The Supreme Court dealt a blow to Fannie Mae and Freddie Mac investors in their challenge to the government’s collection of more than $100 billion in profits from the government-sponsored enterprises.
The justices threw out a core part of the investors’ lawsuit, rejecting claims that the Federal Housing Finance Agency exceeded its authority under federal law.
Common shares of Fannie Mae slumped as much as 42% and those of Freddie Mac plunged 44%, both posting their steepest intraday declines since October 2014. Fannie Mae was down 36% as of 11:05 a.m. in New York. Freddie Mac sank 37%.
The court said investors might be able to win damages on a separate claim that some payments under the so-called profit sweep were illegal because the FHFA director was unconstitutionally insulated from being fired by the president. But the justices said they wouldn’t use that claim to toss out the entire profit sweep.
The justices sent the case back to the lower-court level, where the investors will have a chance to show they were harmed by the lack of presidential control over FHFA directors who implemented the agreements. But it means shareholders “can’t recover the bulk of the overpayments they sought,” said Bloomberg Intelligence analyst Elliot Stein.
The decision is a setback for firms including Paulson & Co., Pershing Square Capital Management and Fairholme Funds Inc. that have sought for years to persuade the government to release Fannie and Freddie from government control, thereby earning billions of dollars on their shares.
The ruling means President Biden will be able to oust Mark Calabria, the FHFA director and an advocate for releasing the mortgage giants from government control. Biden will face pressure to remove Calabria and put in his place someone more likely to allow Fannie and Freddie to ease mortgage credit.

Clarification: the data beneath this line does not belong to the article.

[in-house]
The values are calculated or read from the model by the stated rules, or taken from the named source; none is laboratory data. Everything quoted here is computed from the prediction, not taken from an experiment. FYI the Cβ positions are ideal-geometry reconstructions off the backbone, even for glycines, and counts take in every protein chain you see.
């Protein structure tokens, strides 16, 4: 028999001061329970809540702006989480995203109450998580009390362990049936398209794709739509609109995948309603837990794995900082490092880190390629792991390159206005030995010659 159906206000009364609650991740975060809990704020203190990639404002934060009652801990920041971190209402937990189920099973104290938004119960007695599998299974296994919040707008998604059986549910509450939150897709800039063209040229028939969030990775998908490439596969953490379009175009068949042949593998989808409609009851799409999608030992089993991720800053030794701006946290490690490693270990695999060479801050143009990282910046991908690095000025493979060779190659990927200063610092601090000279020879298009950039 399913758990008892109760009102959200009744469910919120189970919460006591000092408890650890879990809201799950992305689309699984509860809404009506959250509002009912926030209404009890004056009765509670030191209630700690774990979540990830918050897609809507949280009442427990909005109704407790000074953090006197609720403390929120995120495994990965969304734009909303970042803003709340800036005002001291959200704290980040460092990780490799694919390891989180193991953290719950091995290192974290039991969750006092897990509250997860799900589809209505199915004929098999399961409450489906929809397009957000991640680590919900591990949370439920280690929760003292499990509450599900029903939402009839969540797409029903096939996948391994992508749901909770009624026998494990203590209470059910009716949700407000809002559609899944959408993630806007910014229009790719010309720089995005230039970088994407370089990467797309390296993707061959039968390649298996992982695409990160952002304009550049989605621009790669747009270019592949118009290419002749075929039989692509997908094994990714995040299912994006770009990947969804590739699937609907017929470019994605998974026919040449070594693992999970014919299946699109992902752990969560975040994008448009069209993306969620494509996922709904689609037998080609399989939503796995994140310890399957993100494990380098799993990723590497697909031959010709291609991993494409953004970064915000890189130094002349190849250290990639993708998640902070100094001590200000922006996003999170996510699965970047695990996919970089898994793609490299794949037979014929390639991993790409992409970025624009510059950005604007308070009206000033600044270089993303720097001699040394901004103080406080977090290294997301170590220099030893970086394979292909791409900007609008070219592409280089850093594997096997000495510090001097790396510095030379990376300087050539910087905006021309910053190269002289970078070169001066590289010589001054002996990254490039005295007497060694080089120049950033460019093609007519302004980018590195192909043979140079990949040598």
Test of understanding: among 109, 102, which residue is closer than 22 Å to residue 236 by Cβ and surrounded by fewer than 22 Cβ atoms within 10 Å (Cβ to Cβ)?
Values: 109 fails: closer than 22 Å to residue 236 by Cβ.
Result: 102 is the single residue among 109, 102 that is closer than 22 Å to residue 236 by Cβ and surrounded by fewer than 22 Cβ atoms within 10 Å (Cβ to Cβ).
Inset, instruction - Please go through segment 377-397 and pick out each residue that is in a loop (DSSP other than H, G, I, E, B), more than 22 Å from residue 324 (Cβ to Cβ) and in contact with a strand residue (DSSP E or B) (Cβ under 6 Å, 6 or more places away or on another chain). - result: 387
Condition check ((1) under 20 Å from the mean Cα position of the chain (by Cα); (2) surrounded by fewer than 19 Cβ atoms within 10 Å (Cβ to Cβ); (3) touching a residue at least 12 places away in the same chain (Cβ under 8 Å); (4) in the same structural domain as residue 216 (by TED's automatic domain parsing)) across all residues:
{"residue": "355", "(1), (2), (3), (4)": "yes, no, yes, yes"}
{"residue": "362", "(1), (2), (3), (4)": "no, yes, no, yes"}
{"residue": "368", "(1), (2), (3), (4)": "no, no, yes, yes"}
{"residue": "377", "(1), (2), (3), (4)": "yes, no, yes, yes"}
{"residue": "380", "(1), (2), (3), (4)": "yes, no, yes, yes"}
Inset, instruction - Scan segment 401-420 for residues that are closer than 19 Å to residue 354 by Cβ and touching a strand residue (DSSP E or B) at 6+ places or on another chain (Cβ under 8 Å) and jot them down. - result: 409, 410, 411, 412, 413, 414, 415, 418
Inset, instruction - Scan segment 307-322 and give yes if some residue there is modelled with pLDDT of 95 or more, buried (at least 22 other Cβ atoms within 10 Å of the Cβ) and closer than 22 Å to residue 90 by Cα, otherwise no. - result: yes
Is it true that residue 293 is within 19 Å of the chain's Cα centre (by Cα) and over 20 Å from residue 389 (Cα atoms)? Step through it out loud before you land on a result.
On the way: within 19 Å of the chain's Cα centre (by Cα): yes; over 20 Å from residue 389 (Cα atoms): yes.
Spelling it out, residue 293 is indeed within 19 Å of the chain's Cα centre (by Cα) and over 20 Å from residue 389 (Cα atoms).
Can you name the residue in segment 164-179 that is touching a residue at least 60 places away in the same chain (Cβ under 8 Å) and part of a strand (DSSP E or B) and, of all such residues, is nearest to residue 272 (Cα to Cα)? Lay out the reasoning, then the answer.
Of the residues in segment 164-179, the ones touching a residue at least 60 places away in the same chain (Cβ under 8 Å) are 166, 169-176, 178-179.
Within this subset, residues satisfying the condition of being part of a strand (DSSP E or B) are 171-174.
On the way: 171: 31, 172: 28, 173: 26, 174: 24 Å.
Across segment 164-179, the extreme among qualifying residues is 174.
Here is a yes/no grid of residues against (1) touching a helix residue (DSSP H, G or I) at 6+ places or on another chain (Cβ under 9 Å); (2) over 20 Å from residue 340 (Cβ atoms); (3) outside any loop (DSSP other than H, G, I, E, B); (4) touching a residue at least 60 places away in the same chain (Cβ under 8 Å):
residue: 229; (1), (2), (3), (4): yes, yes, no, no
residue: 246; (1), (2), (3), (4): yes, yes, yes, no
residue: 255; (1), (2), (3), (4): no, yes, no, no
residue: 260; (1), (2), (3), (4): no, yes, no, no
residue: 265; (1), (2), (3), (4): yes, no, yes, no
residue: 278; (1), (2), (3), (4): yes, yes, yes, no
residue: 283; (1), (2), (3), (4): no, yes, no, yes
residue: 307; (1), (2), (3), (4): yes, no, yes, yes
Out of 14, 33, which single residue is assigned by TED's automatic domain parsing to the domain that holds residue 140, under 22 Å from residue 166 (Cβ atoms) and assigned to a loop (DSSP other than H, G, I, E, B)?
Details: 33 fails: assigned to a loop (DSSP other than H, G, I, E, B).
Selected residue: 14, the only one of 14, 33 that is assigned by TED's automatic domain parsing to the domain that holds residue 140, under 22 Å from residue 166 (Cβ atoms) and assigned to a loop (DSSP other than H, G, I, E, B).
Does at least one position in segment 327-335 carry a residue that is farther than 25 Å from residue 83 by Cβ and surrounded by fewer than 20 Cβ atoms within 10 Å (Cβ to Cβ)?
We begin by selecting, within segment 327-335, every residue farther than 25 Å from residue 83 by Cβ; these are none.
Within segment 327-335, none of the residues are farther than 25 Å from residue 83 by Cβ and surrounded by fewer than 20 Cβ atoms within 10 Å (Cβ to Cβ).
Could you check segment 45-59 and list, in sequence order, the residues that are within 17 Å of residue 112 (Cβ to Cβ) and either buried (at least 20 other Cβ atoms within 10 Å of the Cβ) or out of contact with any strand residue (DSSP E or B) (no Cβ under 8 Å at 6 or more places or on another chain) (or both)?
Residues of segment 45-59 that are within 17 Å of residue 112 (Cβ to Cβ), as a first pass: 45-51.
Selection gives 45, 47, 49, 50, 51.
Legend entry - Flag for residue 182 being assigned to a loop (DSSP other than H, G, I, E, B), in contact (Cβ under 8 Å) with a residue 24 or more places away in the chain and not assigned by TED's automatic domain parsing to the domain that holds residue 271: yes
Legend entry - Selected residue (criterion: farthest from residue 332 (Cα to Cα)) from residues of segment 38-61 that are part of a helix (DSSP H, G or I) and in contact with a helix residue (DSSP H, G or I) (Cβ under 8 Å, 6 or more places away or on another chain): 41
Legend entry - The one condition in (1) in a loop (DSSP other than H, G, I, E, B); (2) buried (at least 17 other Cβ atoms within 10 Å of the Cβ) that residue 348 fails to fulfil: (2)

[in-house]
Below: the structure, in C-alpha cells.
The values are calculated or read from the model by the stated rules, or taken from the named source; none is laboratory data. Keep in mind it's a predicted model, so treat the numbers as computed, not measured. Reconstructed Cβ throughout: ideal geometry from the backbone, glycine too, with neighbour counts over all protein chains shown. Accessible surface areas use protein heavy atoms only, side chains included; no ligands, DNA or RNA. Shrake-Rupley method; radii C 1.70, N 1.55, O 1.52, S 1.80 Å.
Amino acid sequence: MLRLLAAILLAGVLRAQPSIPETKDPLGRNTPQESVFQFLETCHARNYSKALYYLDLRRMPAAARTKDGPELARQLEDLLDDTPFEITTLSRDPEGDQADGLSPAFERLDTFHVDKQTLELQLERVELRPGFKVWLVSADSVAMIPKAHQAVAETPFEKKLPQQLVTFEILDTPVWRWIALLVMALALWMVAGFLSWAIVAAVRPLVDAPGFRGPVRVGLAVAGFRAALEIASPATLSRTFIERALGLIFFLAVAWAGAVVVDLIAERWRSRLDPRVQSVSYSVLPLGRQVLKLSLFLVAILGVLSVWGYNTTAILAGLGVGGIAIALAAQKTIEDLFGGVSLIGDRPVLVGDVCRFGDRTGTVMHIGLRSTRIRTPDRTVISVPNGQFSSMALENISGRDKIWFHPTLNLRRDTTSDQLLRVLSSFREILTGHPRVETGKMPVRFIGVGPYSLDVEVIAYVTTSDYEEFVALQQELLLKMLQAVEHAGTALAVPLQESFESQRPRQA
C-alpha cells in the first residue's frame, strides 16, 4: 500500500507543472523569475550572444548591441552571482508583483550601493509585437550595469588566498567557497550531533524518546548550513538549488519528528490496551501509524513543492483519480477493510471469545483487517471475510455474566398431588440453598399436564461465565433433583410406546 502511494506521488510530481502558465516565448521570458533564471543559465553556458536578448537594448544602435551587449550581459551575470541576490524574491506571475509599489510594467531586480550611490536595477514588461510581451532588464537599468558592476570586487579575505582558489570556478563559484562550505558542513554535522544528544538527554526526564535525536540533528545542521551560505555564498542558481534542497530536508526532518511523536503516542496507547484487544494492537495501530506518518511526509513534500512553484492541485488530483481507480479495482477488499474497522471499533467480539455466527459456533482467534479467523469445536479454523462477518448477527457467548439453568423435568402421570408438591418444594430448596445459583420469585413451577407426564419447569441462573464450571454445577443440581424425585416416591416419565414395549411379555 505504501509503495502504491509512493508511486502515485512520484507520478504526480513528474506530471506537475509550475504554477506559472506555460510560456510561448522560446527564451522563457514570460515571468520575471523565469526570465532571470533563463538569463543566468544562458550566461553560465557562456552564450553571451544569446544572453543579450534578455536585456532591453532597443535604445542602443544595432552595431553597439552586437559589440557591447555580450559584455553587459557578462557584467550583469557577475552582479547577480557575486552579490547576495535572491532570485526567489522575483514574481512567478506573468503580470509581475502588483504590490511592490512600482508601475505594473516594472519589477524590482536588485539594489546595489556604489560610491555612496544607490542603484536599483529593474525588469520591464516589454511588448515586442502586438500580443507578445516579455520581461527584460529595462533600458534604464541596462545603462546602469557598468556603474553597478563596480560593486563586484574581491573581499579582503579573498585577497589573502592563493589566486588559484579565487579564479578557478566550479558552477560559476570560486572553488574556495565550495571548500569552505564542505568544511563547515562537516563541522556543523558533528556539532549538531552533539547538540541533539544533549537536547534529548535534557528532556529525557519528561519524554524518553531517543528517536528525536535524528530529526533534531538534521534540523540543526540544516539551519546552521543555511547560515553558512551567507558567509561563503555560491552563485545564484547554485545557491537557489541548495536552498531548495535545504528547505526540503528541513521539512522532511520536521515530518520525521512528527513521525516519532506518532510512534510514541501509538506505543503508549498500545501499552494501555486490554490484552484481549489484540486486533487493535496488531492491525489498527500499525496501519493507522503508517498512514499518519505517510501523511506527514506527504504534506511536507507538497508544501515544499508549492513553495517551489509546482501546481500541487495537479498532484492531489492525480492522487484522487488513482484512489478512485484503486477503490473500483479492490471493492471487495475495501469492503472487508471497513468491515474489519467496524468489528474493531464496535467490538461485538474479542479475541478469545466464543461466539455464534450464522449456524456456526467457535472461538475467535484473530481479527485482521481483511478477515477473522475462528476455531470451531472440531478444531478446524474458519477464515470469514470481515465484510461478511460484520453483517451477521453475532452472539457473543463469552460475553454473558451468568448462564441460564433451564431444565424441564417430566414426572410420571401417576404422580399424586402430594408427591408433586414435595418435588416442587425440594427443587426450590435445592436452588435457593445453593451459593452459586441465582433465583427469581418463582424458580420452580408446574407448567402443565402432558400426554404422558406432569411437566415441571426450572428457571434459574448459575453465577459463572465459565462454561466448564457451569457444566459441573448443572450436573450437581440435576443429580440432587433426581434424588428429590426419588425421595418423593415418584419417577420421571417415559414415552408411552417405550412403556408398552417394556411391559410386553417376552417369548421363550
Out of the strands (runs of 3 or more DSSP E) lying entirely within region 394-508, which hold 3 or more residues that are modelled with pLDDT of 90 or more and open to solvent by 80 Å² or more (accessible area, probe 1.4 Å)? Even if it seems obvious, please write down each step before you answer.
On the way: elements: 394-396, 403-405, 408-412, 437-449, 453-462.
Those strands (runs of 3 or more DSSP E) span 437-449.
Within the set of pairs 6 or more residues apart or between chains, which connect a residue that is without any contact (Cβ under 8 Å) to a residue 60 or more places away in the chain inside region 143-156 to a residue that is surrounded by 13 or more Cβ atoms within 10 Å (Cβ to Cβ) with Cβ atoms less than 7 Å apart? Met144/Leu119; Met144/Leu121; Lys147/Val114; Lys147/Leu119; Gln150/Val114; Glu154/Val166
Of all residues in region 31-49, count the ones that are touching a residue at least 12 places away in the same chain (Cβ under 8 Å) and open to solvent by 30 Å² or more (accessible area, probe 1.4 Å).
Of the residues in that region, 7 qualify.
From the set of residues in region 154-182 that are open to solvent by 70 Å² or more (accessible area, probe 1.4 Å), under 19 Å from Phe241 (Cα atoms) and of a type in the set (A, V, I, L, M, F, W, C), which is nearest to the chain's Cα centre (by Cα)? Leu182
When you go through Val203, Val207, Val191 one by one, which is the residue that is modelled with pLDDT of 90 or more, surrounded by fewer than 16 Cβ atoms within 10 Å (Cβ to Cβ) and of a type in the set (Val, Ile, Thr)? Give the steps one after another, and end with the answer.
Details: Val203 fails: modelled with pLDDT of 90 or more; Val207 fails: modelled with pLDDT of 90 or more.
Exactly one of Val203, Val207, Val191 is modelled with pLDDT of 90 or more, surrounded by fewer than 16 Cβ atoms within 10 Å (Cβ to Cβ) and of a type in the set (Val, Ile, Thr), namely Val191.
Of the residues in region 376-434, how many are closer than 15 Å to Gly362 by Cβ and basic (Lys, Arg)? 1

“This will allow the Biden administration to finally put an end to the course that Calabria has the nation’s mortgage market on, much to the relief of progressives and industry alike,” said Jim Parrott, who is a consultant for financial firms and was a senior housing advisor in the Obama White House when the net worth sweep was implemented.
The suing investors targeted the 2012 agreements that let the federal government collect more than $300 billion in profits from Fannie and Freddie. That included $124 billion the investors said was an unwarranted windfall, beyond what the Treasury would have netted under earlier accords.
Brandon Barford, a partner at policy research firm Beacon Policy Advisors, called the decision a “profound rejection” of most of the shareholders’ claims, though he expected some shareholders to continue to fight “knowing the tenacity of those who feel they’ve been wronged.”
Justice Samuel A. Alito Jr. wrote the opinion for the court, which splintered on various parts of the case.
The cases are Collins vs. Yellen and Mnuchin vs. Yellen, 19-563.
Felice Maranz and Jesse Westbrook contributed reporting.